The University of Sheffield
Department of Music

19 December 2008


Sheffield Telegraph, 12 December 2008
By Bernard Lee

COMPANY, generally regarded as the musical that began the Stephen Sondheim cult, gets a couple of staged performances from Sheffield University music students at the Montgomery Theatre next week. The performers' status is not a deterrent, even without the show's director Freda Chapple of the university's Institute for Lifelong Learning, saying: "These youngsters; they're marvellous."

She has immense talent at her disposal for the Department of Music-generated production.

It was prompted by French music and Messiaen expert Nigel Simeone who also has a passion for American musical theatre and teaches a module on it in the department.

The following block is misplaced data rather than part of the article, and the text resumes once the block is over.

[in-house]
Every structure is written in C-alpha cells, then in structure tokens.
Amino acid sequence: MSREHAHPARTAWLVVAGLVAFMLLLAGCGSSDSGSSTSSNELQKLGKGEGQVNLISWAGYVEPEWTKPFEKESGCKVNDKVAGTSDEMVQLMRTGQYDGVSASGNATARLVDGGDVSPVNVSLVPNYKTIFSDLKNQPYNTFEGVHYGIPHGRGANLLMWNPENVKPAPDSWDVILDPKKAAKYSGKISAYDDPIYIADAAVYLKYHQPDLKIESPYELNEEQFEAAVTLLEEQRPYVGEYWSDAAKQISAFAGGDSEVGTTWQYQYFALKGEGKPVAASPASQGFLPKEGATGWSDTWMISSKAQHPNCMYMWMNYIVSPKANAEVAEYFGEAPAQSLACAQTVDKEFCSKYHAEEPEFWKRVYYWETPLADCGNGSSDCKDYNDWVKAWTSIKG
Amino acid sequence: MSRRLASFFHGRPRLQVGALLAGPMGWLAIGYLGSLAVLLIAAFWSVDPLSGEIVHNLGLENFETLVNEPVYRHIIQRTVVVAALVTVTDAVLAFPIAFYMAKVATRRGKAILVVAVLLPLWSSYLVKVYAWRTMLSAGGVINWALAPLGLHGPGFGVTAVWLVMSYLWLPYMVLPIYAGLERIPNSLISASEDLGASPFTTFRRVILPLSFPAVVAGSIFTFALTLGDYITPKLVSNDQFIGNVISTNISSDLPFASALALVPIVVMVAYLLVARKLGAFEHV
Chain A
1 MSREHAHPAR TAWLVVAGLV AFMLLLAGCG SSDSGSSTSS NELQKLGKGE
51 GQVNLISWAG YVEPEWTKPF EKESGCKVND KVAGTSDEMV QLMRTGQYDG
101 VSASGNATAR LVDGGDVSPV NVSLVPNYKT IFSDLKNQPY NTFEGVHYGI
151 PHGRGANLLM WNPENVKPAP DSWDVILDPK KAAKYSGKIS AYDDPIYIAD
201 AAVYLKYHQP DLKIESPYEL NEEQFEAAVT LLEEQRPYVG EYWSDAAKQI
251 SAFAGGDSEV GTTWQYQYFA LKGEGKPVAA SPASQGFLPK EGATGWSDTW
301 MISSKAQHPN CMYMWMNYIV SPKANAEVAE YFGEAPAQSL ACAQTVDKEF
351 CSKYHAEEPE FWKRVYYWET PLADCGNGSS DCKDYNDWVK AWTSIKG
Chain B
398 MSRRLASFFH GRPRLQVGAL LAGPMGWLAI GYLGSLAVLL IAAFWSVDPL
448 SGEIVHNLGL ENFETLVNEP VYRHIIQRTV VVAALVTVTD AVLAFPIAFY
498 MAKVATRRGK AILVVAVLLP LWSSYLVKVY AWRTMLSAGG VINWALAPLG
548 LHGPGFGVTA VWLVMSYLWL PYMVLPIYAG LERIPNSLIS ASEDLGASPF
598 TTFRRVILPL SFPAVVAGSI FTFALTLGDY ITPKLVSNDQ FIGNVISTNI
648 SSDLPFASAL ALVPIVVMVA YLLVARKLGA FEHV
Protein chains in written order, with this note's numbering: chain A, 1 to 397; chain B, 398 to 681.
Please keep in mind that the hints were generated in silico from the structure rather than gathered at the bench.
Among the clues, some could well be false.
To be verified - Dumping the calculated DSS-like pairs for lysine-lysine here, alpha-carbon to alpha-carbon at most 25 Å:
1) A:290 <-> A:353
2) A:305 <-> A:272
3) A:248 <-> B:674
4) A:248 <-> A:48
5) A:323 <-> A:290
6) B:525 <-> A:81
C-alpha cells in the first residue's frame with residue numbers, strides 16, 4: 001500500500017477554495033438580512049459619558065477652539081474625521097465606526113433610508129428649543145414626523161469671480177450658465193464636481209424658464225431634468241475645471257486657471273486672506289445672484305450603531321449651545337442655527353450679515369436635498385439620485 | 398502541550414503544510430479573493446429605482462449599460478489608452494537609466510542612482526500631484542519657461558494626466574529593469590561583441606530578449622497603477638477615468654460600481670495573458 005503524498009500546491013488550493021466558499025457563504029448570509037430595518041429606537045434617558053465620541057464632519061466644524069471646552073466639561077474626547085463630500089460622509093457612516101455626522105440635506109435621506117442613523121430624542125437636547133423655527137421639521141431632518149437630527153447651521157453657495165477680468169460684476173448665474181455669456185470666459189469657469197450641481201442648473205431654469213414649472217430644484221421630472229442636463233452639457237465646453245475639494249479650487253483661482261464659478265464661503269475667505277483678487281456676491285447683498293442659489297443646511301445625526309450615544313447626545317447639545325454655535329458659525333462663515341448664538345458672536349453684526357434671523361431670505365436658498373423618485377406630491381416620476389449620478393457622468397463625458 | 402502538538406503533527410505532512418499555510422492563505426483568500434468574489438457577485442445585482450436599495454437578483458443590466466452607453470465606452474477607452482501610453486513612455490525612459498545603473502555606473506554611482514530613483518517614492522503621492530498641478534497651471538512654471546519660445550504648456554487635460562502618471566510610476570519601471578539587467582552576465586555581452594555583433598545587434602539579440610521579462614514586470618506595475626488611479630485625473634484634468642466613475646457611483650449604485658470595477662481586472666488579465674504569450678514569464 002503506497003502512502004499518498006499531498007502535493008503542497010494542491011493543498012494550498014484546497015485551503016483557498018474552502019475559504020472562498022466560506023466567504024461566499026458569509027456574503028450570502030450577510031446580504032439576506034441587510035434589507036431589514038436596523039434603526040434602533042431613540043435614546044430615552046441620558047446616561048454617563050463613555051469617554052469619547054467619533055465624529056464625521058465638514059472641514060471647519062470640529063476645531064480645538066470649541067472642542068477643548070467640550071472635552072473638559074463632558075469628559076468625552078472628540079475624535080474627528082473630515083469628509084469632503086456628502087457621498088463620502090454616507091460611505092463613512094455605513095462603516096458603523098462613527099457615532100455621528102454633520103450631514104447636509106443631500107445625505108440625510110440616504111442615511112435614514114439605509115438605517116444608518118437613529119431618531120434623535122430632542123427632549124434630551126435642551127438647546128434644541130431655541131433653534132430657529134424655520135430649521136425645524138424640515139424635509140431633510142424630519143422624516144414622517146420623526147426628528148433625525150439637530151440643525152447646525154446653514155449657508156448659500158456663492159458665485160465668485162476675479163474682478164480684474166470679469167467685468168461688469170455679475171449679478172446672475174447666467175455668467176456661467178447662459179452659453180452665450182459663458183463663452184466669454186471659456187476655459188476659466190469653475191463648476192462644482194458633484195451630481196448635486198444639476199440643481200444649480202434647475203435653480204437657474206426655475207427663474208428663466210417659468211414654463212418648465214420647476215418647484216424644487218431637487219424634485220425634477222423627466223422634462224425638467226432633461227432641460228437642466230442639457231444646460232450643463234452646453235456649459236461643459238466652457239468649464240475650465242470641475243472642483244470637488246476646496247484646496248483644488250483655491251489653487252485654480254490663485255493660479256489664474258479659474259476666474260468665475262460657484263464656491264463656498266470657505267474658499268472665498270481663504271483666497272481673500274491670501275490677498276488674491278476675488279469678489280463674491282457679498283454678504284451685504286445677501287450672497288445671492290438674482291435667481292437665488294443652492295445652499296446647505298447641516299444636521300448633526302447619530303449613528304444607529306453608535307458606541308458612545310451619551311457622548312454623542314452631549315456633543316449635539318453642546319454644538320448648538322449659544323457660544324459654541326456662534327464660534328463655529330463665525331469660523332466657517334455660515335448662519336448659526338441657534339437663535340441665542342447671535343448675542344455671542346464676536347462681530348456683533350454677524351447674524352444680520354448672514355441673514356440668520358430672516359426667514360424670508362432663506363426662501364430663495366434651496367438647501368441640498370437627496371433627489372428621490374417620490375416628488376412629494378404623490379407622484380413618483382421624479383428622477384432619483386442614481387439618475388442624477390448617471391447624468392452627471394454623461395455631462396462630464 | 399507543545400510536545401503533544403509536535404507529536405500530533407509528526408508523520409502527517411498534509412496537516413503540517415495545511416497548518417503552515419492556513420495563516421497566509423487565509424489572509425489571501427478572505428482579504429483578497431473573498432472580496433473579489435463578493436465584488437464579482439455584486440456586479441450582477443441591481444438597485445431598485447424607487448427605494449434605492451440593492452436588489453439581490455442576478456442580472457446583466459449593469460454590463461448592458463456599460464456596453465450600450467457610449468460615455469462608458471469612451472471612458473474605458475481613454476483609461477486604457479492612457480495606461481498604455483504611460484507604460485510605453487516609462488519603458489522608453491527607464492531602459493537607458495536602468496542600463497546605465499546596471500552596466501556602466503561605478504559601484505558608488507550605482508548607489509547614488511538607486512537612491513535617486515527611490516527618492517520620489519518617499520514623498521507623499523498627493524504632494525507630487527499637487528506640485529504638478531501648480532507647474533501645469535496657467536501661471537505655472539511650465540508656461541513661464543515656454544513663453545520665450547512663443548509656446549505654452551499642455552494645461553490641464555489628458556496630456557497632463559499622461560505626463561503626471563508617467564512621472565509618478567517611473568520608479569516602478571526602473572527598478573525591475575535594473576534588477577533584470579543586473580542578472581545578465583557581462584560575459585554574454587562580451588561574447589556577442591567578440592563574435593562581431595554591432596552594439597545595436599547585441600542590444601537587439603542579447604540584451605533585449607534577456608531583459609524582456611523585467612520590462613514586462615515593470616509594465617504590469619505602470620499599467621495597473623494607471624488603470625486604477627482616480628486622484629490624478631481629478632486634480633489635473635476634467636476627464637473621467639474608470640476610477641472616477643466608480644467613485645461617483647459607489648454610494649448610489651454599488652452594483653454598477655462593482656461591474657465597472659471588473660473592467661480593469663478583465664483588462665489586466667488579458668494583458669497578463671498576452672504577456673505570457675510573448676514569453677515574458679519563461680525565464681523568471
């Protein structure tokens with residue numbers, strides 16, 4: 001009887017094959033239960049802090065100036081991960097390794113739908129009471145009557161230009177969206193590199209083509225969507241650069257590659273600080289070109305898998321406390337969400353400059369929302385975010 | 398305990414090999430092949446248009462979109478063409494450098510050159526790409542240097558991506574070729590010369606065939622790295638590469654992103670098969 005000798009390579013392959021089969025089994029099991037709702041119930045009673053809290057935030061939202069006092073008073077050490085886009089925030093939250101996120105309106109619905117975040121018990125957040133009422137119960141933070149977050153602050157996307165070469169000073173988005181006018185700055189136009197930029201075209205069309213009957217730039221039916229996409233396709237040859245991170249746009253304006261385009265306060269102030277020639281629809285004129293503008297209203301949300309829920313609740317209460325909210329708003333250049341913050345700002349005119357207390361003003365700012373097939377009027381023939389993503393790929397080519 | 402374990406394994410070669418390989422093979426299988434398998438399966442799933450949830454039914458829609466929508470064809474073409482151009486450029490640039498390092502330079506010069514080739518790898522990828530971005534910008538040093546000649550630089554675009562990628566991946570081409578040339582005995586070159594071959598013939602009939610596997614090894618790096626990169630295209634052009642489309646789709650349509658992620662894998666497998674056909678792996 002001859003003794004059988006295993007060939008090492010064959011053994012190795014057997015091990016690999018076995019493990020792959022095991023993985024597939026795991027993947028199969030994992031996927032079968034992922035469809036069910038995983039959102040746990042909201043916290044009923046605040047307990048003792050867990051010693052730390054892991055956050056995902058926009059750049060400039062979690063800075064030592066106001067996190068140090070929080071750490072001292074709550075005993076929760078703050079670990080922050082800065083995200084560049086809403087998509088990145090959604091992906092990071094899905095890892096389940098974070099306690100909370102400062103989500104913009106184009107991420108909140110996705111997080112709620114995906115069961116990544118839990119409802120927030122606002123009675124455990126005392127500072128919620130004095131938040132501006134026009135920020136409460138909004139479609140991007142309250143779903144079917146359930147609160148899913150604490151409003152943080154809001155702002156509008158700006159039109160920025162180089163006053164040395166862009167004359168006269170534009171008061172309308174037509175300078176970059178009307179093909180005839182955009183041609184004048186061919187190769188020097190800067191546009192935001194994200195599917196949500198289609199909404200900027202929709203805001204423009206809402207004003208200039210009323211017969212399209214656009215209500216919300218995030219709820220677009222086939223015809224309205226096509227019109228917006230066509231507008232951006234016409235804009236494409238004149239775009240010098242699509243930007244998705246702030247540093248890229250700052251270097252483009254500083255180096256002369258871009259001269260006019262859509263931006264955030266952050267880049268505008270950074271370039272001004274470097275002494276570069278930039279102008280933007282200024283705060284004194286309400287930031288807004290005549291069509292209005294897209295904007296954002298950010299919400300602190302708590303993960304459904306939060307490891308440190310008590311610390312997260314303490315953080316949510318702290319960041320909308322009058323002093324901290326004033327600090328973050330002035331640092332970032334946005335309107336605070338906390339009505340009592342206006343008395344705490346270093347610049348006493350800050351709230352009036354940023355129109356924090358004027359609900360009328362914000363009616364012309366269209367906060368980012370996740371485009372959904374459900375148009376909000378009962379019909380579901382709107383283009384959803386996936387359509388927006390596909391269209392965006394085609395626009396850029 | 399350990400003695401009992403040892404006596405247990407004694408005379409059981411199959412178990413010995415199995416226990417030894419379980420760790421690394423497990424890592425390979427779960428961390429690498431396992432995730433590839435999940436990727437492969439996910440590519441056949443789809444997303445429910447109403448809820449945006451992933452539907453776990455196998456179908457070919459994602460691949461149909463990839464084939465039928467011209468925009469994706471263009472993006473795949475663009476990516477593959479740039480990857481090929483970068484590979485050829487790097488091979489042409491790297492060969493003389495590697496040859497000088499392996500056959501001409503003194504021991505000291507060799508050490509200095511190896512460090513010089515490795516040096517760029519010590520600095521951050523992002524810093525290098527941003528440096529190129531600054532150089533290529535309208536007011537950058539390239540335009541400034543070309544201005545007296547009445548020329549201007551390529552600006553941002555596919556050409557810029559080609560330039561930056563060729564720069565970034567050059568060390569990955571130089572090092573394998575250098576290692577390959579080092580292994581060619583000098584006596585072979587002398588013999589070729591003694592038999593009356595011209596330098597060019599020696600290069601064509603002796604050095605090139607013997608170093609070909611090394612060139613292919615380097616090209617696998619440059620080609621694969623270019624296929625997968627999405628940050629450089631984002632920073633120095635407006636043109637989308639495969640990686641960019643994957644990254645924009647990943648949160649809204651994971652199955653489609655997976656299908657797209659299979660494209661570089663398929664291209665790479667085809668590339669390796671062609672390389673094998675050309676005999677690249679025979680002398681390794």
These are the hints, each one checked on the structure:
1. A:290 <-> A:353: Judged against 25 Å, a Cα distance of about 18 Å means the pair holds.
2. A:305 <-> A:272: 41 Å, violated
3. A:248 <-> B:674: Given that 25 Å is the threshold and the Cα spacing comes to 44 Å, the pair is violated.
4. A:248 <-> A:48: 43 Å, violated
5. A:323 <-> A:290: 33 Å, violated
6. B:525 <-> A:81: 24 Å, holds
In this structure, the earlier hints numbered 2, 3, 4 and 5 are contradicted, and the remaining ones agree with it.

Self-confessed Sondheim addict Freda says: "Nigel wanted to do an American musical because they have a really good crop of singers in the department at the moment. He suggested Company – he's so knowledgeable on Sondheim, and asked me to direct it.

"It certainly fits them. They're having to act up a bit because they're a little too young for the characters but these youngsters are up for anything. They're wonderful and it's been enormous fun."

A concept musical without a delineated plot-line, the piece is a series of short scenes revolving round 35-year-old bachelor Robert, also referred to as Bobby, who has three girlfriends and five married friends and their spouses with various issues between them who gather in a New York appartment to celebrate his birthday.

The work's origins were 11 one-act plays by George Furth linked by a single character. He showed them to Broadway impressario Hal Prince and both agreed that a musical was lurking within them. Furth duly wrote the book and Company was premiered in 1970.